This program is still accepting applications from businesses in the arts industry, such as live venue operators or promoters, theatrical producers, live performing arts organizations, museums, motion picture theater operators (including owners), and talent representatives. The grants — these are not loans — are equal to 45% of the applicant’s revenue, with the maximum amount available for a single grant award of $10 million. About $2 billion is reserved for eligible applications with as many as 50 full-time employees. Other restrictions apply.
Employee Retention Tax Credit
This payroll tax credit could be worth as much as $10,000 per employee for the entire year of 2020 and $28,000 per employee ($7,000 per quarter) for the entire year of 2021. To qualify quarterly in 2021, you must show that your business was either fully or partially shut down in that quarter or your revenues declined by more than 20% compared with the same quarter in 2019. If the credit is bigger than the taxes owed on your quarterly payroll tax return then you could be eligible for a refund. If you didn’t take advantage of the credit for 2020 or 2021 and you think you may have been eligible you can always go back and amend your tax returns. You can still utilize this credit even if you got a Paycheck Protection Program loan but you can’t use the same payroll funds that you used to apply for PPP forgiveness when calculating this credit.
Families First Coronavirus Response Act Tax Credit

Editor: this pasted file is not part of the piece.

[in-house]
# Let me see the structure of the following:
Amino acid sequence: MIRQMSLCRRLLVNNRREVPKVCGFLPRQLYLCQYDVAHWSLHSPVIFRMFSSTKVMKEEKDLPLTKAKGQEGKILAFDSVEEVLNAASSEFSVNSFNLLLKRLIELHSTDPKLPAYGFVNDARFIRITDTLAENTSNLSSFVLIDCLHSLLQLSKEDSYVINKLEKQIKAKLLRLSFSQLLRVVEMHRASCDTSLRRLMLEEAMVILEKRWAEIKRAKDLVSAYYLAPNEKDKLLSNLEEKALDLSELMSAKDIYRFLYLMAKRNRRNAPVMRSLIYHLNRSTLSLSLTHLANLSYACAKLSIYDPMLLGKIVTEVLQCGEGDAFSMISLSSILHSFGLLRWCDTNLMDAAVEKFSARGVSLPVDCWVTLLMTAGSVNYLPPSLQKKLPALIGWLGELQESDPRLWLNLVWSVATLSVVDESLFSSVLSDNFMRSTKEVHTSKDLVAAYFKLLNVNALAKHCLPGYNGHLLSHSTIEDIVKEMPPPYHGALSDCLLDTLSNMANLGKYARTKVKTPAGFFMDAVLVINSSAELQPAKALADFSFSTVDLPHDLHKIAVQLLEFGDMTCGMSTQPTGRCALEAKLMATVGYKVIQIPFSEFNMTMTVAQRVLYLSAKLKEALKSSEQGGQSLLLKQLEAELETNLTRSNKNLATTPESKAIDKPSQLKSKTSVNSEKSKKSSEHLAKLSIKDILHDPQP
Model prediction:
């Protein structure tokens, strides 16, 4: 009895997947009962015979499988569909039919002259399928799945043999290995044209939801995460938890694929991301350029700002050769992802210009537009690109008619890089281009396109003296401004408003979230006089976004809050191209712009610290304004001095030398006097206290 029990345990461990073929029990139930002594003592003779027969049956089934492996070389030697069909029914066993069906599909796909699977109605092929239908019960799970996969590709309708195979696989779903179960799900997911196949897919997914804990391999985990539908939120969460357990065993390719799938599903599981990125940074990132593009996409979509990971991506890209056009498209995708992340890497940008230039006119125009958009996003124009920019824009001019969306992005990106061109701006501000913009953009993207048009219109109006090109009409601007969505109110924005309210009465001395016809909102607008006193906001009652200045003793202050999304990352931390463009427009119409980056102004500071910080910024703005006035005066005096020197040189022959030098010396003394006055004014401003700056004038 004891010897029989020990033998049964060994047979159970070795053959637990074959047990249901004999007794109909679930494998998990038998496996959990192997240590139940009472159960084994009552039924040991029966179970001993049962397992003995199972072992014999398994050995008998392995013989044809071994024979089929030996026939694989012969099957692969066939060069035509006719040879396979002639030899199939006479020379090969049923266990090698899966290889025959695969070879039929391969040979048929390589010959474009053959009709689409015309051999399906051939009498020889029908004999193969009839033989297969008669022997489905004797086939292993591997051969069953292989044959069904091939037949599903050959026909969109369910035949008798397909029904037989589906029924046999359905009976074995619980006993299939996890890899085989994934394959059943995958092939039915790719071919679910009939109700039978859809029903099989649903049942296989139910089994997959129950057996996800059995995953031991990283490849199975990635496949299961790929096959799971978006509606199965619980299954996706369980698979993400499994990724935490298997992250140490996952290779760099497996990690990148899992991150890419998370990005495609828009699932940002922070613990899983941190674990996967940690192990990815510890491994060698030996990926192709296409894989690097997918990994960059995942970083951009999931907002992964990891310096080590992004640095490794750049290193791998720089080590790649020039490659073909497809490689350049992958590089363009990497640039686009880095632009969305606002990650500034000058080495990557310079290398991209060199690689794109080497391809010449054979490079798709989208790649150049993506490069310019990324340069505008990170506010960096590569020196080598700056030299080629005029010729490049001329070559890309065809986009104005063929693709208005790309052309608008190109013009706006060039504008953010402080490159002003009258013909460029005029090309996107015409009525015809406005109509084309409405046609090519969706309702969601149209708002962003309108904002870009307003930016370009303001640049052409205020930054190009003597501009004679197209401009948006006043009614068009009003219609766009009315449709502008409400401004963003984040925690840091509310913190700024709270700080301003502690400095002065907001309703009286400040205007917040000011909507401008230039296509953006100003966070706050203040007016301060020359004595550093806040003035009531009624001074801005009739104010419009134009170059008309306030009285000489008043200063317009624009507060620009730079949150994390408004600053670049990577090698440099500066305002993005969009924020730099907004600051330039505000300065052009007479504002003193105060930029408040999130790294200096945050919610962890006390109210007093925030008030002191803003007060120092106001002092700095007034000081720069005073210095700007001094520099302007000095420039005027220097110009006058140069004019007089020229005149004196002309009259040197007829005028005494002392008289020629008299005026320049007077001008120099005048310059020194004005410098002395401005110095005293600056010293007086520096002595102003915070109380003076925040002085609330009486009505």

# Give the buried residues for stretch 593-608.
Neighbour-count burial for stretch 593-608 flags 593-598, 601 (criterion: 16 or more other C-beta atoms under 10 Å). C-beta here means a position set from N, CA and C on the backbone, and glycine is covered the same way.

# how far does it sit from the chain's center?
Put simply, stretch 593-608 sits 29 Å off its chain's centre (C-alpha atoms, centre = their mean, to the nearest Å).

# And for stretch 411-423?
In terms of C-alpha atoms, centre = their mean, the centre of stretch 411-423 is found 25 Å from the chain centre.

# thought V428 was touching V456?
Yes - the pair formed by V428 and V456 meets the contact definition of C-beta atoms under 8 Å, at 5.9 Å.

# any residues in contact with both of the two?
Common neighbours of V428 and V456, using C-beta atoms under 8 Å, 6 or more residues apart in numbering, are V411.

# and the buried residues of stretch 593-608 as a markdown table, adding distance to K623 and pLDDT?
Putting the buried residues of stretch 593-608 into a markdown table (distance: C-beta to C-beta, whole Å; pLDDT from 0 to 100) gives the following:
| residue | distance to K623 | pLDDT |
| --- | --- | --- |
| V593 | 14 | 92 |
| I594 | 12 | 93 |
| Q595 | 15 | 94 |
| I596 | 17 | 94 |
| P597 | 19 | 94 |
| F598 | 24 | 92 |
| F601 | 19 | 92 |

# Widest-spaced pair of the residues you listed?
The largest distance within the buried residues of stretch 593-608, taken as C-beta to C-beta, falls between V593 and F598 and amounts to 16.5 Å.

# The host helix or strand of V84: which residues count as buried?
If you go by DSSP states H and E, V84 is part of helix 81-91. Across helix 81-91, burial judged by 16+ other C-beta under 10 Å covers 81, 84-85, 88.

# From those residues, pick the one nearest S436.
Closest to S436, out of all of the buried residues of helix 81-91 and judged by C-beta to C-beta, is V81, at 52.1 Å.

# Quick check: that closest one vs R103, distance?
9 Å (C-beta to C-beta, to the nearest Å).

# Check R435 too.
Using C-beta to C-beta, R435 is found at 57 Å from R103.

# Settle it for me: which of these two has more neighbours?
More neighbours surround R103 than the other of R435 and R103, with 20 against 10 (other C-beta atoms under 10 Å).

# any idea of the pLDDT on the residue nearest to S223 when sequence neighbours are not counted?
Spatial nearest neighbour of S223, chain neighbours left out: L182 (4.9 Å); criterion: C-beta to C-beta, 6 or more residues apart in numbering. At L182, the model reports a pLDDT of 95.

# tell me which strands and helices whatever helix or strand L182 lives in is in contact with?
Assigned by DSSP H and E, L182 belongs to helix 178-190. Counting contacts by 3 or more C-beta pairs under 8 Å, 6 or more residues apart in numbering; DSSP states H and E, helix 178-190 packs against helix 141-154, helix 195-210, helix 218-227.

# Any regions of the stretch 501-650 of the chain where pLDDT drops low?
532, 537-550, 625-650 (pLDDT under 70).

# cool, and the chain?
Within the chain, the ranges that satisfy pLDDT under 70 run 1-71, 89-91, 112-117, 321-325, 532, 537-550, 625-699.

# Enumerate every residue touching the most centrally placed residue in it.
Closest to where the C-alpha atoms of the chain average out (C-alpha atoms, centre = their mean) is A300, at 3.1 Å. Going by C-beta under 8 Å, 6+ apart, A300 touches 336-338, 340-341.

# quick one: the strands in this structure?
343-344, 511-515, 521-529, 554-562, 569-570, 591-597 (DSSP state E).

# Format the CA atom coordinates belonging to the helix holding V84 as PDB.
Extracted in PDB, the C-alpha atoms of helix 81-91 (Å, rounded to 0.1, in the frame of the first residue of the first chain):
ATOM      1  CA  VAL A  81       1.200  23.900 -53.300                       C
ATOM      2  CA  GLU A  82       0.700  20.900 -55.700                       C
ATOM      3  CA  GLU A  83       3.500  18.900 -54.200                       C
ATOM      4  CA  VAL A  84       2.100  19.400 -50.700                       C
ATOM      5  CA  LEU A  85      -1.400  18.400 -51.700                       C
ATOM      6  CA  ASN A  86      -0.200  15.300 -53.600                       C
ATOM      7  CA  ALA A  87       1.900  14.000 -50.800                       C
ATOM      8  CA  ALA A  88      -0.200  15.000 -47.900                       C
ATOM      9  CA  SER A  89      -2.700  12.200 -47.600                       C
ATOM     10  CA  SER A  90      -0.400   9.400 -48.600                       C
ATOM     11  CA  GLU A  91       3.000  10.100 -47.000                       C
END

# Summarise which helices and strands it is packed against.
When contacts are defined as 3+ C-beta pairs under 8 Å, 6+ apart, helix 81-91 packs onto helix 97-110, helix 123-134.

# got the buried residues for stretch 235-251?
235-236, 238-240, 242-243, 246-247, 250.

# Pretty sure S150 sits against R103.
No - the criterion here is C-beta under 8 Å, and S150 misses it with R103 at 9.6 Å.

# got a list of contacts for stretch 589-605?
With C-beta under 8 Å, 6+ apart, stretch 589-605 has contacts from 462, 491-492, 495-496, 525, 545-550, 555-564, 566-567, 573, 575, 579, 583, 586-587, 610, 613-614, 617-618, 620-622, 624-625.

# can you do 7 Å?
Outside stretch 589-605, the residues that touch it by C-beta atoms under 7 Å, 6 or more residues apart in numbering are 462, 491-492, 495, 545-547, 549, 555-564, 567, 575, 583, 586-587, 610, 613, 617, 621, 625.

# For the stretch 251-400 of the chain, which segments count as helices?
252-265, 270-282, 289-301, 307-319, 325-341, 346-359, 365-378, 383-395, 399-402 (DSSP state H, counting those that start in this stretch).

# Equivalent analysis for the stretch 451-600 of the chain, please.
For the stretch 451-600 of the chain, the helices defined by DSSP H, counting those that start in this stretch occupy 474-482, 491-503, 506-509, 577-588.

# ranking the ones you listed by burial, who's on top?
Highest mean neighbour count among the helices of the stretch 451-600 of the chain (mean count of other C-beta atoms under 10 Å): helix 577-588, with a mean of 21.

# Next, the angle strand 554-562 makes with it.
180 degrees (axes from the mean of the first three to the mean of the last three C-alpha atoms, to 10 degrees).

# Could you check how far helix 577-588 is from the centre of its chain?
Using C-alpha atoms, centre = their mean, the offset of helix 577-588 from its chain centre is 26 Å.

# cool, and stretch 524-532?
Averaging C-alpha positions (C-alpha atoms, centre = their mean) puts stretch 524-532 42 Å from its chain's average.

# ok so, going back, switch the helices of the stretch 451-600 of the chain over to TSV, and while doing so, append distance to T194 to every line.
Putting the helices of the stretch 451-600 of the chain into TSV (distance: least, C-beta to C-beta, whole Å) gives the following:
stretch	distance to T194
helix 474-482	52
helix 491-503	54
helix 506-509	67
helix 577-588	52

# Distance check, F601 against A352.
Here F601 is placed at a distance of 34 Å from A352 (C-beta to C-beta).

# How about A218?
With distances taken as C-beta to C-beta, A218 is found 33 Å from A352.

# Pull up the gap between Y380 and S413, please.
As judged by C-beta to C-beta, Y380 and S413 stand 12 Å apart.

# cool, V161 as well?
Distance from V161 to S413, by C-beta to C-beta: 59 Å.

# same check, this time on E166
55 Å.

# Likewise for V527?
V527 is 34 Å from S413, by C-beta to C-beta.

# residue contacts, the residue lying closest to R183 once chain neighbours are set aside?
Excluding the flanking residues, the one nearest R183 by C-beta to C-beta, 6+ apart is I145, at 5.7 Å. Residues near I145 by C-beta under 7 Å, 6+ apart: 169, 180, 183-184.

Through Dec. 31 of this year, employers can be reimbursed for up to $511 a day through a payroll tax credit for any employee who misses work due to a COVID-related reason, including getting vaccinations (and any potential side effects) or watching over a sick family member.
Work Opportunity Tax Credit
Extended through 2025, this income tax credit can be as much as $9,600 per new employee when the employee meets certain criteria, such as being released from prison, getting off welfare or returning to work after being unemployed for more than six months. Some employers I know are using this tax credit to fund hiring bonuses for new employees.
Tax Loss Carryback
If your business is showing a loss for the years 2020, 2019 or 2018, then you’re being allowed — thanks to the 2020 CARES Act — to carry back that loss for up to five years and offset it against any previous profits reported. This means that if you paid taxes in any of those previous years, you can get some or all of those taxes refunded after offsetting the loss. Talk to your accountant about amending those prior year returns if you think you’re eligible.